“Hey Beautiful” Sweatshirt Photoshoot

Finally got to do a proper photoshoot to showcase my sweatshirt! Thank you Jun Hye for agreeing to model for me, and for being a big advocate for my products and campaign 🙂 Here are parts of the photoshoot! We took them at the Green Cloud Cafe in Hongdae, Seoul. I’m going to publicize this sweatshirt and its sales through various sites soon! So happy with these photos! What a beauty. 😉 The sweatshirt is designed by me, Judy Kim! It was originally for a design class for a promotional campaign fighting against verbal abuse and speaking life. This was to remind those looking that they are beautiful 😉

Etsy Store– these photos look so good with Jun Hye! Looking fabulous 🙂

Daily Boom– Korean store and site, which uses the Electronic Transfer Fund that helps makes payment so much easier in Korea!


Love those shots 🙂 Still learning how to photograph professionally for products and how it looks indoors, without a studio, or if I need to do everything in a studio.These had a warm fun casual look, with a cool artistic cafe backdrop! I like the look of these photos, but I also realize if I want to put out these products on public selling sites I might have to try new things with a clear white studio or make things more commercial-like. Either way, I think I did my part with getting nice shots of the sweatshirt! 🙂 And Jun Hye modelled very well for her first time. I shall call her and her fiancé together once again when I make more couple products 😉

More professional photos:



Love the look! And the WordPress upgrades that makes all these photo collages so lovely. Circles, tiles, squares, mosaics, etc. So cool, I wish I had one of these for my own photos that I can export for other outlets.

It was so awesome working with the lovely Jun Hye Doh! Finally got myself pictures as the artist behind the scenes. Hehe 🙂


A photoshoot success 🙂 YAY.


All photos taken by Judy Kim on a Canon 5 Mark D ii with a 40mm f/2.8 lens. All photos are copyright to Judy Kim Productions.


Post-Analog Generation

It’s funny how the digital world connects us, but makes us feel incredibly lonely at the same time. This juxtaposition has been nabbing at me and getting my attention these days, as I live in the grand technologically connected city of Seoul, with incredibly high-speed 4G LTE wifi almost everywhere, and where most everyone on the bus, subway, streets, and classrooms are looking down on their brightly lit mobile phone screens fully absorbed in the digital lives of others.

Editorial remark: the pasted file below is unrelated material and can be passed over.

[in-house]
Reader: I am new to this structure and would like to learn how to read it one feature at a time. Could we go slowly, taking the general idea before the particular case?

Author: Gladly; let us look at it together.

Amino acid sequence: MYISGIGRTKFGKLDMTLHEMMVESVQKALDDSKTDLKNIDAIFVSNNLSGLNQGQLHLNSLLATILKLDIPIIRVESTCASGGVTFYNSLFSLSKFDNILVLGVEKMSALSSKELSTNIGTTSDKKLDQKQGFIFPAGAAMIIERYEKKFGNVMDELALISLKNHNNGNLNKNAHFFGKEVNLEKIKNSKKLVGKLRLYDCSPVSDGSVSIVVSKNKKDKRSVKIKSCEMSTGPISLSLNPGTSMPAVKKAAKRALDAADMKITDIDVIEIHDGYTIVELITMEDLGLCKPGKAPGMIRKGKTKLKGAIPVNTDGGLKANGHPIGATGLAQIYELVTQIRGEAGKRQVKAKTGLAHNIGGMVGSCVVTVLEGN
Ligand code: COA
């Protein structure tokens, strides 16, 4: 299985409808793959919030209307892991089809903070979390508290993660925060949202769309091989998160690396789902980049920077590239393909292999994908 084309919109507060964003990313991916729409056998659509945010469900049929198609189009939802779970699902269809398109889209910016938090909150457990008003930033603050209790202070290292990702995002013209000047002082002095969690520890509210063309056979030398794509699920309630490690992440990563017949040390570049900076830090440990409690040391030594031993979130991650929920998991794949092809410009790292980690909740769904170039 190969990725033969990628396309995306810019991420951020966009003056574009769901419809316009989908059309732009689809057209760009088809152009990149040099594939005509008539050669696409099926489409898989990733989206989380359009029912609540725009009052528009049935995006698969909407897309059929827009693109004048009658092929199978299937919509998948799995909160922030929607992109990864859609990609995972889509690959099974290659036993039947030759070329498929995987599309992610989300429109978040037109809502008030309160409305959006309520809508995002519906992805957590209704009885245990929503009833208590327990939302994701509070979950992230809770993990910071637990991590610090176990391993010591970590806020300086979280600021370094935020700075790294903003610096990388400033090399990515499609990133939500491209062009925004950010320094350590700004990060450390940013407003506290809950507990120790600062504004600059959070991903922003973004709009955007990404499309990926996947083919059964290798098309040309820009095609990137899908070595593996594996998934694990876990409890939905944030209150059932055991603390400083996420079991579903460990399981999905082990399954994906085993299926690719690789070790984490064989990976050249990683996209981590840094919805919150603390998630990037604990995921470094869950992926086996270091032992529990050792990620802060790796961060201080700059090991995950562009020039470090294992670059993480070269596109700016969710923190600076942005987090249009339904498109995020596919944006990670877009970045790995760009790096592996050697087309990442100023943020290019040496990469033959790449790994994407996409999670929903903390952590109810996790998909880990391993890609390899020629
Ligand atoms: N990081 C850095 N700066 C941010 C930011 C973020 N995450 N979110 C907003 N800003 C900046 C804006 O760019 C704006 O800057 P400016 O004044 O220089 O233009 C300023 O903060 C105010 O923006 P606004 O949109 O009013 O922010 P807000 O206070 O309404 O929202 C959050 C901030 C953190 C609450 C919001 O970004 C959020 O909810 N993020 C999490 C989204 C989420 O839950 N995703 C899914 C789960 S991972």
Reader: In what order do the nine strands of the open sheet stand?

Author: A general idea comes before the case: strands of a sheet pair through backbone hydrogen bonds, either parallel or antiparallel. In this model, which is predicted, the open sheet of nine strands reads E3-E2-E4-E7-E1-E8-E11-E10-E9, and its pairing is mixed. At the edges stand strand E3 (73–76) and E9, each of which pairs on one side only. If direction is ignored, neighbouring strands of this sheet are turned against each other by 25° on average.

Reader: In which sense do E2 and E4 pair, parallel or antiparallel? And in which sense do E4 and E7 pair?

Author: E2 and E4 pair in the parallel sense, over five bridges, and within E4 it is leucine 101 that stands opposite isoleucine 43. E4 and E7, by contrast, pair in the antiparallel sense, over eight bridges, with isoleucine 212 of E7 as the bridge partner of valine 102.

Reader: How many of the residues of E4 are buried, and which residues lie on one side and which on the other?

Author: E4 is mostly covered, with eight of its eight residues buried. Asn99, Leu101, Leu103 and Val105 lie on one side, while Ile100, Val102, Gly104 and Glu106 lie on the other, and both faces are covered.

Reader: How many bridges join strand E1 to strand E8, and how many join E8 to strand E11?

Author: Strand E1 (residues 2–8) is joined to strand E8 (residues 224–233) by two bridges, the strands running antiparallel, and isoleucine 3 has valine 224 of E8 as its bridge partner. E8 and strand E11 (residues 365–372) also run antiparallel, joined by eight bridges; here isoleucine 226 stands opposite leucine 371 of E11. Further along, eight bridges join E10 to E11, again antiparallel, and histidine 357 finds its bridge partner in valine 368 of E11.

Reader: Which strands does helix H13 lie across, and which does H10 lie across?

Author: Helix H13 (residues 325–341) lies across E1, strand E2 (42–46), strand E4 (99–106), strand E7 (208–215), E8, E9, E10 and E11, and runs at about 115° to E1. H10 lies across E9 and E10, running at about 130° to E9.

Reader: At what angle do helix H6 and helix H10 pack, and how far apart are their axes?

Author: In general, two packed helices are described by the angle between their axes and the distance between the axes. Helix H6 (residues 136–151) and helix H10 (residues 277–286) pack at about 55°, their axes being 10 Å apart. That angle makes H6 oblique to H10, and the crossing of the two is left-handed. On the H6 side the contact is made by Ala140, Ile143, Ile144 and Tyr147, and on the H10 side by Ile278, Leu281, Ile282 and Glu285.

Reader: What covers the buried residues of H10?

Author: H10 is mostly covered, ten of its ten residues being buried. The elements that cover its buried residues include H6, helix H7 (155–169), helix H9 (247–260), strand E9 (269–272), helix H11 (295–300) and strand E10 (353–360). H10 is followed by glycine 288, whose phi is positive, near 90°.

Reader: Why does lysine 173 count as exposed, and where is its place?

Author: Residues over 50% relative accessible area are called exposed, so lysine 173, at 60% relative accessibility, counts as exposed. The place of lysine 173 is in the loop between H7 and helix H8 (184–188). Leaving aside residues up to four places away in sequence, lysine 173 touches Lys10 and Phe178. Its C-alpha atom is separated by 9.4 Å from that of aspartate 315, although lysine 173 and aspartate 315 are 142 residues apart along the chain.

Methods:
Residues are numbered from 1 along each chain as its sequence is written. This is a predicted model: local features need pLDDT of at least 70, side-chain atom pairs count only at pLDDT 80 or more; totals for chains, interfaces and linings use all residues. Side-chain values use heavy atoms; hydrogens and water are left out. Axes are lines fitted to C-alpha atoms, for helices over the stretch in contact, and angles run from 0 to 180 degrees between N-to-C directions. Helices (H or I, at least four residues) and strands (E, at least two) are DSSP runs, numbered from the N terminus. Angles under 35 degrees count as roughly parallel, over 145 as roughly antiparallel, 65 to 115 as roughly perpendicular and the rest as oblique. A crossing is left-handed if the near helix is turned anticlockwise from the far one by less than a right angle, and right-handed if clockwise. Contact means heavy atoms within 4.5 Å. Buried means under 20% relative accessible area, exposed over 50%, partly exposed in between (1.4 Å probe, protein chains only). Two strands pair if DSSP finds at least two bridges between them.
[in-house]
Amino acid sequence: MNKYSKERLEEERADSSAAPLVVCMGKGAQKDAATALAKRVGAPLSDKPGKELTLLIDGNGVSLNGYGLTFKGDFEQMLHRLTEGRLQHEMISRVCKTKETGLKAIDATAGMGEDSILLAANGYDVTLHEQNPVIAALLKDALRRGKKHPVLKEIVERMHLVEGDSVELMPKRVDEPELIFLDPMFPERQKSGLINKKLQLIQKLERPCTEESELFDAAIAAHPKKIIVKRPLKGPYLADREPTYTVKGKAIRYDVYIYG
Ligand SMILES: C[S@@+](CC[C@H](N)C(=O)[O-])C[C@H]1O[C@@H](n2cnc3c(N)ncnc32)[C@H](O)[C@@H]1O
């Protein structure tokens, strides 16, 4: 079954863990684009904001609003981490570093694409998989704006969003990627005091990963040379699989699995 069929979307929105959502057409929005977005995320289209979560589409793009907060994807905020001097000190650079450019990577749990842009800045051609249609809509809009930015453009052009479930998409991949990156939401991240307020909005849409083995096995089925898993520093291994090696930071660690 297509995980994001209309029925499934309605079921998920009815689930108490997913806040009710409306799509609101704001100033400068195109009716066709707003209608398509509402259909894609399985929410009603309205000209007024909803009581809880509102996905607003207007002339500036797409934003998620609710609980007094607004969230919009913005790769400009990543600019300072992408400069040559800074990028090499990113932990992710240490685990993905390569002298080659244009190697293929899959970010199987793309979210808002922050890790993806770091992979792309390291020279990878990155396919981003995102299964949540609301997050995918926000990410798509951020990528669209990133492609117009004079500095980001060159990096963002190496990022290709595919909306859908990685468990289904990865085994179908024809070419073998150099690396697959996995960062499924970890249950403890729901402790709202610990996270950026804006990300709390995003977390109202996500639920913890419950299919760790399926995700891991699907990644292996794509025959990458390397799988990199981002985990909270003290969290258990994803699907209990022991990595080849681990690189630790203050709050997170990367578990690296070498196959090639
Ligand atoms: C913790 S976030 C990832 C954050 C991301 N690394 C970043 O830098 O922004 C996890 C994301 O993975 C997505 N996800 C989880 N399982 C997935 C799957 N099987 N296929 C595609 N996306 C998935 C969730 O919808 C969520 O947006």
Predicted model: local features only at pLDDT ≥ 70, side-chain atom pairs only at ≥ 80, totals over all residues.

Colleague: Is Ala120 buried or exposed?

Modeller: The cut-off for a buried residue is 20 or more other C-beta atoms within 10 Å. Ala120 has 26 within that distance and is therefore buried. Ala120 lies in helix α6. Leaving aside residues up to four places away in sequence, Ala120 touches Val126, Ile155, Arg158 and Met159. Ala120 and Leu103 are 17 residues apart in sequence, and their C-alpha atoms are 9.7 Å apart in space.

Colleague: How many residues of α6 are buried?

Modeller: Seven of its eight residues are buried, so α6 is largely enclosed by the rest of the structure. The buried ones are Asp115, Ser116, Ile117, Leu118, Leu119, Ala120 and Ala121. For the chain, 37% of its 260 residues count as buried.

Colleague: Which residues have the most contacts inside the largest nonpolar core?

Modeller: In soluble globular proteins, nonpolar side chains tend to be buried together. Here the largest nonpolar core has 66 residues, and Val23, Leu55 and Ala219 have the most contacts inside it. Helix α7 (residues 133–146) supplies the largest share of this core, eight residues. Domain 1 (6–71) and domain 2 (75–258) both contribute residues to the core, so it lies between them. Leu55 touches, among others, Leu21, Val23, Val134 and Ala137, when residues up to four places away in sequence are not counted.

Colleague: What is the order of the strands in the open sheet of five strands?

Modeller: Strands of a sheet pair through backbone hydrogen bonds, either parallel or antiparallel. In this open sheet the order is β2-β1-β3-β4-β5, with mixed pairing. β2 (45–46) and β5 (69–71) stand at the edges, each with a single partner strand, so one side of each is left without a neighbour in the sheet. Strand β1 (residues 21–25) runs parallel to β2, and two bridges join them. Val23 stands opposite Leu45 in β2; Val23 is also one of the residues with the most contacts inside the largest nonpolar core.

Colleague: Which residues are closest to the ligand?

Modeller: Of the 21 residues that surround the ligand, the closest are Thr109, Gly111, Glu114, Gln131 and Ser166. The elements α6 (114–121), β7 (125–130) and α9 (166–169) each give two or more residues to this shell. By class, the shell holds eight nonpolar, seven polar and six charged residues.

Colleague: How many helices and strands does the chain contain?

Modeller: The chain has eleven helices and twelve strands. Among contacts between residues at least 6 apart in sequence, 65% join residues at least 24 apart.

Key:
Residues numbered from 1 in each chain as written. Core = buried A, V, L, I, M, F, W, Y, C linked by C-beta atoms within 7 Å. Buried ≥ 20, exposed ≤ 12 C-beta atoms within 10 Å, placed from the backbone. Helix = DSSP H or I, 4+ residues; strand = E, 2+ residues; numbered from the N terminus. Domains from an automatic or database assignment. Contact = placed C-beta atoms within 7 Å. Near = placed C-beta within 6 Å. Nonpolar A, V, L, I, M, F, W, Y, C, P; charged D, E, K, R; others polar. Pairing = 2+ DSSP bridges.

It’s fascinating that this generation is exposed to so much instantly-gratified routines like constant messaging back and forth on Kakao Talk, or checking and uploading clips on Snapchat, and running through all the Instagram notifications of crisp and clean, filtered, hipstered-out photo of coffee cups and blank walls. So interesting how this generation has been so online-focused, and rightly so, as globalization and international markets strive to connect and compete with one another by bridging gaps through virtual data and reports. This information generation has been so exposed to who knows what, and the access to other people’s lives, selfies, blogs, travels, political thoughts, and various opinions has surfaced on the web and shared by countless users per day.

It’s crazy to think even 20 years ago, the dot.com invention did not exist nor permeate through society as it does now.

Why am I bringing this up?

Because I find that all lot of young people (including myself) are finding their sense of worth, importance, and identity on the web. More importantly, we are finding our sense of significance by how many followers we have, how many responses we get, and how many “likes” we obtain on a post or photo. God bless the people who really don’t think this way or use social platforms as obsessively to gain a sense of approval, but God also bless those who are bombarded with insecurity and fears as they see their post go unnoticed. 

I think it’s something people don’t like to talk about or admit to, because frankly speaking it is very silly and outrageous to feel less important or valuable because people missed or didn’t give attention to your post, but I think our freedom of expression, thoughts, and feelings are spoken through these platforms and with the sense of vulnerability we feel robbed of significance if no one seems to care.